holding that "taken alone" the opinions of non-examining physicians "do not constitute substantial evidence on which to base an administrative decision"Summary of this case from Wilkinson v. Commissioner of Social Security
No. 85-3299. Non-Argument Calendar.
November 18, 1985.
Appeal from the United States District Court for the Middle District of Florida.
Before GODBOLD, Chief Judge, HILL and ANDERSON, Circuit Judges.
Claimant/appellant Walter Broughton appeals from a district court order affirming the final decision of the Secretary of Health and Human Services denying his application for Social Security disability benefits. Because the ALJ applied erroneous legal standards, we reverse and remand.
Broughton was born in 1933 and has a seventh grade education. His past relevant work experience was as a printing supervisor and plant superintendent for a paper company. He last worked about June 1, 1980, when he was hospitalized for back surgery. In April 1983, Broughton filed an application for disability insurance benefits. He claimed that he had been unable to work since June 1980, because of back problems.
Broughton previously filed two applications for disability benefits based on the same back injury. Both claims were denied by the Secretary and Broughton did not seek judicial review of the denials.
The medical evidence shows that Broughton has suffered from back problems for several years. In June 1980, he was first seen by Dr. Ethan O. Todd, who continued to be his treating physician through the date of the ALJ's decision. He was evaluated for back pain, with x-rays showing narrowing of a lumbosacral interspace. His impairment did not improve with conservative treatment, and during February 1981, due to degenerative disc disease, he underwent back surgery involving a spinal fusion. In January 1984, the last report made by Dr. Todd before the ALJ issued his decision recommended that Broughton have a Luque rod fusion and exploration of his pseudoarthrosis.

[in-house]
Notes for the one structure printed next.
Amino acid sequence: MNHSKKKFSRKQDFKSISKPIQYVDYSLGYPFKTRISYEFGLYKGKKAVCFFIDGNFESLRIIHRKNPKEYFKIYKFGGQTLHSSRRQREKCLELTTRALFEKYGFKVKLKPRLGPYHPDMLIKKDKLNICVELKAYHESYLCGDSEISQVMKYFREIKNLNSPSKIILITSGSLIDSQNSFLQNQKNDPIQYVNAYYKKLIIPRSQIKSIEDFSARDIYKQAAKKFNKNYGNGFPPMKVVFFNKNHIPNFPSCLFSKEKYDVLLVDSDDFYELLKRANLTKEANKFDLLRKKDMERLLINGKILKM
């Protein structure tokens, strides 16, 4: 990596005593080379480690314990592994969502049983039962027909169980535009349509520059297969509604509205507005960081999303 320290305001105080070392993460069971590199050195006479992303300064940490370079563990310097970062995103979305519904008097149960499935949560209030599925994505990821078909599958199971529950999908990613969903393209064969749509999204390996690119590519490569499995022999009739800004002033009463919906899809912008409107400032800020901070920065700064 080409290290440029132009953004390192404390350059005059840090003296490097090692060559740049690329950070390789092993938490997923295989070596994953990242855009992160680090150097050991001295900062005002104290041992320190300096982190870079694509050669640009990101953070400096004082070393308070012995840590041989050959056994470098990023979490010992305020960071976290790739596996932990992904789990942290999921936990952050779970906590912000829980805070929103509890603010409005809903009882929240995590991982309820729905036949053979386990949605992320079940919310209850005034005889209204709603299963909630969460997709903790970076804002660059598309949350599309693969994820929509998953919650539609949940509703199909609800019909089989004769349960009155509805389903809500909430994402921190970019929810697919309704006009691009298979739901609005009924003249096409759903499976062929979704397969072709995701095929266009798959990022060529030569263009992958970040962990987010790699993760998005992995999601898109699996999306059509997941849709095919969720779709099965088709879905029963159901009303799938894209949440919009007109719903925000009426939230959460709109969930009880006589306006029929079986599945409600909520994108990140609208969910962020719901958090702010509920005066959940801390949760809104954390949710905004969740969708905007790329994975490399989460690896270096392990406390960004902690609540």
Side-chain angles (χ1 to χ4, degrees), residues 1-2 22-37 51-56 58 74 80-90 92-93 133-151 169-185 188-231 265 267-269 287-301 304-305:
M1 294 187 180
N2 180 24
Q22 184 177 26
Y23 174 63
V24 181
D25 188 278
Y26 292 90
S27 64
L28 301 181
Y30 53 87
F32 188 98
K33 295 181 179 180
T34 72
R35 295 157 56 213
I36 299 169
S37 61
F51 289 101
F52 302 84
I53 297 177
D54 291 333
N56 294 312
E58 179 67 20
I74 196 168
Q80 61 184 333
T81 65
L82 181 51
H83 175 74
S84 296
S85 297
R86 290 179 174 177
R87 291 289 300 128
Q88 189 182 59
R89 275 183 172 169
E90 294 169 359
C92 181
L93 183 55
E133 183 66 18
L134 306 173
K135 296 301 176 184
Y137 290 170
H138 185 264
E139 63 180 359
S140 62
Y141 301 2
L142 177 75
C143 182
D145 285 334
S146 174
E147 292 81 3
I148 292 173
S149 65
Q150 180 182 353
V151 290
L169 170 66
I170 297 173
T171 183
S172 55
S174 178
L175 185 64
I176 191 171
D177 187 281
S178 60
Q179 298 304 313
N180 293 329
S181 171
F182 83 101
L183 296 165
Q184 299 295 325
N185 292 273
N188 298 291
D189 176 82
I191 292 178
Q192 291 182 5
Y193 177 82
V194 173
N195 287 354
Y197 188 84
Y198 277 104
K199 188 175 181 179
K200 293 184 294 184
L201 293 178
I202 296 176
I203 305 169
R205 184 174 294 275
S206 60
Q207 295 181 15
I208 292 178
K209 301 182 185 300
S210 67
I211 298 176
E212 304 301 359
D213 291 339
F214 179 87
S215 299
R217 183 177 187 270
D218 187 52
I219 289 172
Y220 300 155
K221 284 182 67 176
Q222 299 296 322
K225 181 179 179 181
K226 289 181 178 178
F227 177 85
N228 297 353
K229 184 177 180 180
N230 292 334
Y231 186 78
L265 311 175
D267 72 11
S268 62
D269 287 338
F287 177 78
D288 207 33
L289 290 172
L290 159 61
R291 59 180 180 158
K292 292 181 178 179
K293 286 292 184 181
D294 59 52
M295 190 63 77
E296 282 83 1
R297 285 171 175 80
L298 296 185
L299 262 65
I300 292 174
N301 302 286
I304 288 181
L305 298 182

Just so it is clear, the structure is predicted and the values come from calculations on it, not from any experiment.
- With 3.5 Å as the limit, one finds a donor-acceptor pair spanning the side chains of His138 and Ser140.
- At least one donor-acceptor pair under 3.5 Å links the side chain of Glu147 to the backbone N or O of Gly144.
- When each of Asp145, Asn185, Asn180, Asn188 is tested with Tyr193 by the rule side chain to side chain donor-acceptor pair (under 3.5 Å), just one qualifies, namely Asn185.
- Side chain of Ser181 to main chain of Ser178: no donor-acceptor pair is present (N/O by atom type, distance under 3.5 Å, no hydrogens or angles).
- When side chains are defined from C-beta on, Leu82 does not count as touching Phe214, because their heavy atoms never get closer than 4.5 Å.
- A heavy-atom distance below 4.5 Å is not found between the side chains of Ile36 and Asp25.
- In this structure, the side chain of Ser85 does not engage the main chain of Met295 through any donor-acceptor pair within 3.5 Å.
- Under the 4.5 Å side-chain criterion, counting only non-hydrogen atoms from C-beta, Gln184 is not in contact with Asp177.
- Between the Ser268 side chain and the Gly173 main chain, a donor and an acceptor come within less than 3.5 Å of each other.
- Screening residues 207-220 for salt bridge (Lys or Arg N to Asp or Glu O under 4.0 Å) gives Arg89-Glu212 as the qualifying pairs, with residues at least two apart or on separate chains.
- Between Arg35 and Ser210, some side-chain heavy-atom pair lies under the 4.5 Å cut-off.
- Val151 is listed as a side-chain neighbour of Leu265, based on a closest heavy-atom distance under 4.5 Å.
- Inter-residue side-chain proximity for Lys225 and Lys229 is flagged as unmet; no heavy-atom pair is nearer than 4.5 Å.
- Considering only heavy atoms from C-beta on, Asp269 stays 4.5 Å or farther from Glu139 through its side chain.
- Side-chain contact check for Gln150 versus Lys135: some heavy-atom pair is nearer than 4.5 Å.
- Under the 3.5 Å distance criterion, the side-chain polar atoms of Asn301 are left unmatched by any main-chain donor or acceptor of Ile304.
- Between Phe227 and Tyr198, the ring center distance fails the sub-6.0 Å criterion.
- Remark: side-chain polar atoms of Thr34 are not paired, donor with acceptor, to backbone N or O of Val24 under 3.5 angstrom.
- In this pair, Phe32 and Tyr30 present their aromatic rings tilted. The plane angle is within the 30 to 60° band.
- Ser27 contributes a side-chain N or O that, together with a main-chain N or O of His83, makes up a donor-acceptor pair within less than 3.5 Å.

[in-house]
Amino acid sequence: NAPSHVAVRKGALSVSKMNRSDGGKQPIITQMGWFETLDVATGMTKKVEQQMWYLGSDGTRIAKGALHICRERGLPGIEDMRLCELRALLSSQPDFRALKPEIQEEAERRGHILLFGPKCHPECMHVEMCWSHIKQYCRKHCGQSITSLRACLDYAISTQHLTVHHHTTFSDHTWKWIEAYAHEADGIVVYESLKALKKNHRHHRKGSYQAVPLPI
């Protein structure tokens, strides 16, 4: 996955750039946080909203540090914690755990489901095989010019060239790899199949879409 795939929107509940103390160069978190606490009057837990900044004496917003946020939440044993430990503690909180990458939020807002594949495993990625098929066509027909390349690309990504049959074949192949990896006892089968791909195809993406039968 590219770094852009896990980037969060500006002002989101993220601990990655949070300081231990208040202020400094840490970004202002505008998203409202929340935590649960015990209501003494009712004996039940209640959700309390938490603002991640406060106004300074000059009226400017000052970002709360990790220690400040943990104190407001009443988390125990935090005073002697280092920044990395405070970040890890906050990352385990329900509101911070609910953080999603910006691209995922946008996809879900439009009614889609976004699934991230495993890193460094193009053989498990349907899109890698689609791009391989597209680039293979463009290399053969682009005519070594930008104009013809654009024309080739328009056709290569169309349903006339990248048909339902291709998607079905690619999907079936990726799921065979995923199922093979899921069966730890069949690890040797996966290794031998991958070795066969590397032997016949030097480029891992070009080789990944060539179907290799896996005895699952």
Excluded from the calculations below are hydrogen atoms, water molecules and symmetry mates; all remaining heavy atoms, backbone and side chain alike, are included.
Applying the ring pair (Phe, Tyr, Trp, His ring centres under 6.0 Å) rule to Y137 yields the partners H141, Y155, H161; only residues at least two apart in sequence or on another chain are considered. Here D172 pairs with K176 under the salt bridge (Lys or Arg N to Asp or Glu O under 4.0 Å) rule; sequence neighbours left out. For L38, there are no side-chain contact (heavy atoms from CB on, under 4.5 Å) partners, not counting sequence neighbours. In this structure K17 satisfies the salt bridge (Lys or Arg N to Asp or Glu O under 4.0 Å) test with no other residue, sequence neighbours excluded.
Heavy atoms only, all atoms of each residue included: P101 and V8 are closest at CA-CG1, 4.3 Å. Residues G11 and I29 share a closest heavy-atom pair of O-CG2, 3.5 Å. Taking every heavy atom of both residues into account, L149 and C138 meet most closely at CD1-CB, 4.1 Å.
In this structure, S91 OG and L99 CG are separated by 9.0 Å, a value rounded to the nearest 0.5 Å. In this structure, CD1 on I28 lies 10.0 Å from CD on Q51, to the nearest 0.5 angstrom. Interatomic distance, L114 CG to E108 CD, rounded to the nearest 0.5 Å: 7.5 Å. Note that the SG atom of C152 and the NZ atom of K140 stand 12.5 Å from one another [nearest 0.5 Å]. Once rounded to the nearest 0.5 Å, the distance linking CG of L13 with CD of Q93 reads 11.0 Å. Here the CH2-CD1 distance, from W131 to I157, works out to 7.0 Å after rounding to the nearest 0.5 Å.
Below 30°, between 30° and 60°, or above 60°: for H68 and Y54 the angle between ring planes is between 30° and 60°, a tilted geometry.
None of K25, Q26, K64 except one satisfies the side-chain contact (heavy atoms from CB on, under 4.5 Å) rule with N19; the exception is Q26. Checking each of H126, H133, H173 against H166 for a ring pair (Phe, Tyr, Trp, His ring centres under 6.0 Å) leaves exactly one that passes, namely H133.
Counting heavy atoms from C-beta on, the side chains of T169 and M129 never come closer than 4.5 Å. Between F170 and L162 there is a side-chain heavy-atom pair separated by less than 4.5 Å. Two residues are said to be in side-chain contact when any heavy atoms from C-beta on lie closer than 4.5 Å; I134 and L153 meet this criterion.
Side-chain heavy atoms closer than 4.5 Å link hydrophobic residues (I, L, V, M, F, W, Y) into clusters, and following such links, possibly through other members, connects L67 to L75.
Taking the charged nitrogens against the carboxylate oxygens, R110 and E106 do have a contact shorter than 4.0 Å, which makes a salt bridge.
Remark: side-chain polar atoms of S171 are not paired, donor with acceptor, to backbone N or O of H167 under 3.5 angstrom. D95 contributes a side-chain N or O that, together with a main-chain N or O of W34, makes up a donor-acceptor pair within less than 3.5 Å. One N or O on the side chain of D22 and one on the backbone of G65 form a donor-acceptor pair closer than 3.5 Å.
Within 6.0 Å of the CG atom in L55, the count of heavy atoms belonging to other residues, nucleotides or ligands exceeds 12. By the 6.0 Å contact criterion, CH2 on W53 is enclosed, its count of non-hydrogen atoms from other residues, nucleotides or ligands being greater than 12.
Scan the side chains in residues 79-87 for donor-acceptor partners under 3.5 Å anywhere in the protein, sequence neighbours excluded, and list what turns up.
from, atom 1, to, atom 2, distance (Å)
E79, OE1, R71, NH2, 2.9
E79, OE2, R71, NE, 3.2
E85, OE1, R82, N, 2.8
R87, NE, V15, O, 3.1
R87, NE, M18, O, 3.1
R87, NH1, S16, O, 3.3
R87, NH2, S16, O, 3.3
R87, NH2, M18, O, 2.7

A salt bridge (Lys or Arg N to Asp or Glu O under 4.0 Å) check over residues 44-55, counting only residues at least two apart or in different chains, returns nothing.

Broughton was also seen by Dr. Seymour Morse in January 1982. Dr. Morse found "[i]n regards to limitations, he is definitely limited in work activities which would require loading and unloading or any type of heavy lifting." Dr. George I. Raybin examined Broughton in April 1982; his findings are discussed below. In addition, a report described below was filed by a nonexamining physician, Dr. Sanford Cobb, in August 1983.
The ALJ found that Broughton was able to stand, walk or sit for long periods of time without difficulty and could frequently lift or carry objects weighing 25 pounds and occasionally as much as 50 pounds. Record at 8. Consequently, the ALJ found that Broughton had residual functional capacity to perform medium work under the Social Security regulations, and also concluded that Broughton retained the ability and capacity to return to his usual employment as production supervisor and plant superintendent. Id. The ALJ expressly supported his findings as to Broughton's abilities to stand, walk, sit and lift by reference to a residual functional capacity assessment by Dr. Cobb, the nonexamining physician. Record at 227-28.
However, Dr. Cobb's findings are contradicted by the medical findings of examining physicians. Dr. Raybin found:
Any excessive activity with his back will cause increased pain and be debilitating. At the present time, I feel that he is able to stand and walk about, but he must do this for short periods and then rest. He can do no bending, squatting or lifting. Even sitting, as will be required by a desk job, is impossible for him to carry out. He can carry weights up to about 15 to 20 pounds for short periods. He should not do excessive stair climbing.
Record at 177. Dr. Raybin concluded that Broughton "cannot do any form of work." Id. In addition, in August 1982, Dr. Todd found that:
Mr. Broughton is unable to do his former job. He cannot sit or stand for a long period of time, has to be up and moving around every so often. It would be difficult to train him for a sedentary job because he cannot sit for more than an hour or two at a time, due to his degenerative disc disease with subsequent fusion.